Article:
A Tiny Bit of Independence Restored.

On the 18th I had an appointment with my neurologist, she is a headache pain specialist, to get the Botox shots for my migraines.  I get these injections every 3 months.  They do help.  No, they don’t take away all my migraines, but I don’t have to take near as much medication, and I’ve noticed the migraines I do have are very often much less severe than they used to be.  Also, No, they don’t work on wrinkles.

fairy doctor
Doctor Fairy: fairiesbynuria
(Please click on image to be taken to fairiesbynuria’s etsy page,
she makes the cutest fairies for all occassions)

My doctor is a little lady, so very cute and sweet.  She reminds me of the good fey (for those of you not into fantasy books, according to Wikipedia, “Fey is an umbrella term referring to fairies, pixies and sprites in the broadest sense“…this is a very simple definition, but you get the idea).  I have told her she’s my sweet good fairy who gives me little bee stings that make me better.  It has become our little joke.  It’s also quite amusing to me as fairies are normally very mischievous and often not of a good nature…so giving me little bee stings would be something I think just might do!  *giggle*

This dear sweet woman has the softest most feminine voice I think I’ve ever heard.  I cannot imagine that she could ever speak loudly, believe me, I’ve seen her try.  She has tried to hard to make sure I could hear her, but I just couldn’t.  Therefore, I’ve never been able to have a conversation with her.  She always looks so sad, yet hopeful, when talking to me.  Sad that I haven’t been able to hear her, yet hopeful that I will be able to some day.  I have been seeing her since before my first Cochlear Implant surgery.  Now I have 2, and the last time I saw her I had recently had the second one turned on.  I still couldn’t hear her.  She looked so….well, sad.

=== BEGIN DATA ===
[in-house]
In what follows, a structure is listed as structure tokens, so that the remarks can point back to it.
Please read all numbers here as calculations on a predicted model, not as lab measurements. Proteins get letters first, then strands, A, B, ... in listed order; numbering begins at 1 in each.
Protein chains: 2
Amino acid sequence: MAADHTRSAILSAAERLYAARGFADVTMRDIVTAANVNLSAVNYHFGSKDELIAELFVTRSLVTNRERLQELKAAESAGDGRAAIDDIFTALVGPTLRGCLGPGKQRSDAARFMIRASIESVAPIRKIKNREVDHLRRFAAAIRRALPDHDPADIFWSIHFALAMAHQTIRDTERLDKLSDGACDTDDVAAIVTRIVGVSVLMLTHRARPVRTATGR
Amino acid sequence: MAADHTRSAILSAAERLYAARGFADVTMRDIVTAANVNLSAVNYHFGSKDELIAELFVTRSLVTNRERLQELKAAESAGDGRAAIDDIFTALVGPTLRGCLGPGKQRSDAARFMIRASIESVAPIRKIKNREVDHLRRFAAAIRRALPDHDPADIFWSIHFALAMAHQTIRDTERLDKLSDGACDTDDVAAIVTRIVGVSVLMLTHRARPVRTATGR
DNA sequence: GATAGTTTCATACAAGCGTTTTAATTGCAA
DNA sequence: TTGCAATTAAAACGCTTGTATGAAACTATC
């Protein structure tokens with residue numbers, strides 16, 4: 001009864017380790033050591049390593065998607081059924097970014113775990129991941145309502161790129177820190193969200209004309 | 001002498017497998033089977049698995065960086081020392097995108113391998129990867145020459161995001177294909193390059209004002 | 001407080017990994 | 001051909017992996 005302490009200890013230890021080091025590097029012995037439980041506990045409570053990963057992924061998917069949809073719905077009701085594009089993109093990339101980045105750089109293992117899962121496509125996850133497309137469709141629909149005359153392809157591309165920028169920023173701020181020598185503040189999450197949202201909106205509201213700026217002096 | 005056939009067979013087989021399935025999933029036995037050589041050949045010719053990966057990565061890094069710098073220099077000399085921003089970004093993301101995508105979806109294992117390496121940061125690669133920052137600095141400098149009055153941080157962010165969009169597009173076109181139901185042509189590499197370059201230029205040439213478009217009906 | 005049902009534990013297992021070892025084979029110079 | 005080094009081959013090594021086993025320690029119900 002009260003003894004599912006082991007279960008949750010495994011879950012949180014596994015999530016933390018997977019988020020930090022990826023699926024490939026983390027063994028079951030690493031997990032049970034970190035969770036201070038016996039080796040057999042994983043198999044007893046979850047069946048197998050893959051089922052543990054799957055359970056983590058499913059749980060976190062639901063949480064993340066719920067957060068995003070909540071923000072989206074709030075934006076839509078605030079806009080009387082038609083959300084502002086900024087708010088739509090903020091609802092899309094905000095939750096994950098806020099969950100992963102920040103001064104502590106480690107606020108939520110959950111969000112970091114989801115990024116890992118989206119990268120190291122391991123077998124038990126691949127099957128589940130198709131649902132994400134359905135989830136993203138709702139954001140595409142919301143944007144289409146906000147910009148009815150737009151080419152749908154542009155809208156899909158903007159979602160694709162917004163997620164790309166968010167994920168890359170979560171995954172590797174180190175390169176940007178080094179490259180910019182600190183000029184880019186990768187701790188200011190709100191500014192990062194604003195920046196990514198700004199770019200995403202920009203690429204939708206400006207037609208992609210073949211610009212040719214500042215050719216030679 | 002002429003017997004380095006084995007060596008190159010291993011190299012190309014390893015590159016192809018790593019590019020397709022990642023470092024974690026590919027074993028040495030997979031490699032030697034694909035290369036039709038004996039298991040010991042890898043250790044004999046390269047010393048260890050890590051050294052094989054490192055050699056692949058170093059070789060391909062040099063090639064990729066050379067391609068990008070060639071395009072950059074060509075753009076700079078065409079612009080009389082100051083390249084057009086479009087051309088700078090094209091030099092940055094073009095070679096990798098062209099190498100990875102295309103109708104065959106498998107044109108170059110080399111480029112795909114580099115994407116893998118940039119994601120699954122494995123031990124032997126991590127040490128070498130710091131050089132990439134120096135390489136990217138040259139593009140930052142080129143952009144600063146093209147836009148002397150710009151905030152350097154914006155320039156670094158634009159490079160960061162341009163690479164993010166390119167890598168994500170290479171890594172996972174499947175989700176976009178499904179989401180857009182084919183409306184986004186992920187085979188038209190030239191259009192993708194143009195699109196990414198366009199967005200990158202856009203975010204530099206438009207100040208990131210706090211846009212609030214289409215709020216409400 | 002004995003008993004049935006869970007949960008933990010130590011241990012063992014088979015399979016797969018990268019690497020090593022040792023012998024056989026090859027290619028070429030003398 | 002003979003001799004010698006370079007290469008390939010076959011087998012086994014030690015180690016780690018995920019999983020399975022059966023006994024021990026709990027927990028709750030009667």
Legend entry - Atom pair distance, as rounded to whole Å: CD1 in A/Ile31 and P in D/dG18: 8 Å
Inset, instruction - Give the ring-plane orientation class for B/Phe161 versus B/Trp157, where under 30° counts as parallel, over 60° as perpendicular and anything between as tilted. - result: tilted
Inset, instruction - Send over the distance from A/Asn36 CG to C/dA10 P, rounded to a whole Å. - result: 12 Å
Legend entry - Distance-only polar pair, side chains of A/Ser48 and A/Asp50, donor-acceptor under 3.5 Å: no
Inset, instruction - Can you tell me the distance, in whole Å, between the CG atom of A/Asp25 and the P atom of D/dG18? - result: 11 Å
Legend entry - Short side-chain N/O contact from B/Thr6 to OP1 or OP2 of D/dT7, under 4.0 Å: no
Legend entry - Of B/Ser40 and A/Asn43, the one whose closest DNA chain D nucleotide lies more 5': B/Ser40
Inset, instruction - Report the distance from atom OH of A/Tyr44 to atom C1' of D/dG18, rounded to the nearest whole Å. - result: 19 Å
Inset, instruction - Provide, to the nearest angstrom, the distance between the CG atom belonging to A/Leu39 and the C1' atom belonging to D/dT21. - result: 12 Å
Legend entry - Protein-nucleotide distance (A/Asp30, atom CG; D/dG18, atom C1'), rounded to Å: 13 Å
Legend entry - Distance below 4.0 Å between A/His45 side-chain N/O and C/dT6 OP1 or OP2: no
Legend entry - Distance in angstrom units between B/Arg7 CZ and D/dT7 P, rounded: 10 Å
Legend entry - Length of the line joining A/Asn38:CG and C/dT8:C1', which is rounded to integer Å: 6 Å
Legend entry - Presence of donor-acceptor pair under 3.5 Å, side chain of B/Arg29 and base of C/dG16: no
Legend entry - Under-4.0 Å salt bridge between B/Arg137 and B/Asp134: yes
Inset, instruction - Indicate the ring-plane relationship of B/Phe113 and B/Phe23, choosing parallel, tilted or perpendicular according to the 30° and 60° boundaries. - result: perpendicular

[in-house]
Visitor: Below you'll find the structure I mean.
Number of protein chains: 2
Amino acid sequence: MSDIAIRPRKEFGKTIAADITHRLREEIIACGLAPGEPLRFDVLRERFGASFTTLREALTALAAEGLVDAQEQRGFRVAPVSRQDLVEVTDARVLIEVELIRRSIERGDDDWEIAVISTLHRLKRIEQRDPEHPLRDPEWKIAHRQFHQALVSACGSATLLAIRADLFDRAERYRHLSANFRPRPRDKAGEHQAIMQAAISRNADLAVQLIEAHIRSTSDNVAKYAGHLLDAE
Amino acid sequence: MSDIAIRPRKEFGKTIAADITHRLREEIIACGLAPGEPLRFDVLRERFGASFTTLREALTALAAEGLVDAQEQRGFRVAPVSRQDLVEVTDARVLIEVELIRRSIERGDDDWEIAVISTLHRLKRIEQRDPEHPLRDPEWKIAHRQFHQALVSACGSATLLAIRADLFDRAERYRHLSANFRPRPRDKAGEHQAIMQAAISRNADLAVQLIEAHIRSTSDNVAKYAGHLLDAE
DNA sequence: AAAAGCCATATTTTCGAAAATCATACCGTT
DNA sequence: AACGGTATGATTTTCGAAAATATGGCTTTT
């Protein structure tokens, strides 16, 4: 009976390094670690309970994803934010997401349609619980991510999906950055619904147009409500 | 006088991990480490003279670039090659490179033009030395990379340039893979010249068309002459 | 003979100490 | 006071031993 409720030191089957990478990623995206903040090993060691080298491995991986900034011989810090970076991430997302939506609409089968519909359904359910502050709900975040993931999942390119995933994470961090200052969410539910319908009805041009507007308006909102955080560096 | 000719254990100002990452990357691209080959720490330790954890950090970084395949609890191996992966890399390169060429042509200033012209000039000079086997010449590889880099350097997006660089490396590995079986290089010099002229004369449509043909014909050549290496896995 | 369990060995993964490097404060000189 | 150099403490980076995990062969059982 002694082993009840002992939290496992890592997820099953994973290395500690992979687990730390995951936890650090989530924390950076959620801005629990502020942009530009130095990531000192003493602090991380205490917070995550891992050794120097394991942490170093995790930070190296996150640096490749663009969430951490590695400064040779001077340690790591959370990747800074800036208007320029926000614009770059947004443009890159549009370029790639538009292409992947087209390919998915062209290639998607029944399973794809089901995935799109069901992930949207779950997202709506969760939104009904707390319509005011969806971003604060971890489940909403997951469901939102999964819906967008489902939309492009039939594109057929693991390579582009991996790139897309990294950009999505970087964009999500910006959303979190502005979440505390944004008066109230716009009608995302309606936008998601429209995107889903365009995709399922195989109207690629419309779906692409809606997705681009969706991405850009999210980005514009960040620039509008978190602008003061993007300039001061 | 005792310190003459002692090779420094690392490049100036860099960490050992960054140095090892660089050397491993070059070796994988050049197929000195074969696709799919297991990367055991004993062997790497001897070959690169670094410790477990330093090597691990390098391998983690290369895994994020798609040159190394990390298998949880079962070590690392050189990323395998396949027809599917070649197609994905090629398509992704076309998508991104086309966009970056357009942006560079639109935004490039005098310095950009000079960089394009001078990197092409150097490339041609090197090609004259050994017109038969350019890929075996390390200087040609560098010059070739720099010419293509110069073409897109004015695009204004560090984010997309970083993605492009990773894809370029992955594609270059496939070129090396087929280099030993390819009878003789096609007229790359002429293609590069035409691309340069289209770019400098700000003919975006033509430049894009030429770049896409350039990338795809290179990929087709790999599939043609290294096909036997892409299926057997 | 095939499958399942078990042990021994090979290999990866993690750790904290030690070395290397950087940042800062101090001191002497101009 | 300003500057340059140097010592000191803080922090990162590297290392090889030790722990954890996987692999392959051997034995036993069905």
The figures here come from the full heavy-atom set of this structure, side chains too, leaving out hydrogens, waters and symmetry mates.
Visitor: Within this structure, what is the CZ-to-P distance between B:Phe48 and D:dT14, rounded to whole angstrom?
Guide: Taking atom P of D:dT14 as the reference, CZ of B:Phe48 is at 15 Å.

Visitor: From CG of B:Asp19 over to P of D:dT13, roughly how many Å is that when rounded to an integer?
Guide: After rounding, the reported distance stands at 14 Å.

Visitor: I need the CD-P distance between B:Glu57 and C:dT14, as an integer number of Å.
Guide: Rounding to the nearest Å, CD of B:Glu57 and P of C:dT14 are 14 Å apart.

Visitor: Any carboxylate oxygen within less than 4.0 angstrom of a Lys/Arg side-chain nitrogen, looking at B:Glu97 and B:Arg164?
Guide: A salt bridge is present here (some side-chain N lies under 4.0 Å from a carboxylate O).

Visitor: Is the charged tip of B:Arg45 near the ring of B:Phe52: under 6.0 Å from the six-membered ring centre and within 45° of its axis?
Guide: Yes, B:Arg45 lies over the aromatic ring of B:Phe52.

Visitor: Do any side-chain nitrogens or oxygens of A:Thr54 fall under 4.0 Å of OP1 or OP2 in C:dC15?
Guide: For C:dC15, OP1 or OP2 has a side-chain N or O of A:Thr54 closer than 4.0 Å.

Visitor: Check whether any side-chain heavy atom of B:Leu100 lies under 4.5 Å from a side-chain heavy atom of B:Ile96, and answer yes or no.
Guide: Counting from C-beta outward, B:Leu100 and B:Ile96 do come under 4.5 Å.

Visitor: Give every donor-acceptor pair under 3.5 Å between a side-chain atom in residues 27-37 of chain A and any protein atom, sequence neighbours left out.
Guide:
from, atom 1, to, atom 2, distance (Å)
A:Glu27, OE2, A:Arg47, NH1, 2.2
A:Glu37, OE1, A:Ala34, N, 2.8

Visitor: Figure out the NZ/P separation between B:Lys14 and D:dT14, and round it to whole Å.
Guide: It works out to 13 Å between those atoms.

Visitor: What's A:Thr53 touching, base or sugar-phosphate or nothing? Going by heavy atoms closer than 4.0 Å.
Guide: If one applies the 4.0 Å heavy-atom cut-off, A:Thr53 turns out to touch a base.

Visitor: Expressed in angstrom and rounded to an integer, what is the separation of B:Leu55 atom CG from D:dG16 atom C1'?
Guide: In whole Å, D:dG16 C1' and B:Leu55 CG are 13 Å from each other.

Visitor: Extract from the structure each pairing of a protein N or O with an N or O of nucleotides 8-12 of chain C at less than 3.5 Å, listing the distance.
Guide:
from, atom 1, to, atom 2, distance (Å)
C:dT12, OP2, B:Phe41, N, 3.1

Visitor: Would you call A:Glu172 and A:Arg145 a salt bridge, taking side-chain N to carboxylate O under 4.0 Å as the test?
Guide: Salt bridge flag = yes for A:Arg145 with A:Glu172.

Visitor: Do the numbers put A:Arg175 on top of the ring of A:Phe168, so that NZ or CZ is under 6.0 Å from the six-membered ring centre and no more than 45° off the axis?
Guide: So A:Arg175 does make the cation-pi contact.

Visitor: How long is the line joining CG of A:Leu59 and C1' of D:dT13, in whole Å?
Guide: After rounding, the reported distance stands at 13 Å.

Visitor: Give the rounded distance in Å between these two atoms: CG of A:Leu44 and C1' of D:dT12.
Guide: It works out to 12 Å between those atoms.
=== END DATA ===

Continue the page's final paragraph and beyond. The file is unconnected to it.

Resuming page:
When she walked in the room yesterday the first thing she said was, “How’s your hearing? How are the new CI’s working?”  And I answered her.  I heard her!!!  So I could actually answer her, not stare at my husband waiting for him to answer for me.  She was absolutely giddy!  I know I kept her too long and made her get behind schedule because she and I just chatted for a little while.  I’ve never seen her so delighted.  She told me when she saw my name on the list of patients for the day she was hoping I could hear.  Isn’t that just the nicest thing?  I thanked her for thinking of me, she answered that she thinks of me often.  Wow!  What a great doctor!  And she’s not even my ear doctor!  (Just a note, if you are suffering from Migraines, try your best to find a neurologist who specializes in headache pain, this has made the world of difference for me.  It has given me a better quality of life…at least on that front.  If you want to ask me about my doctor at Duke, feel free to write me.  Look under the About Me page.)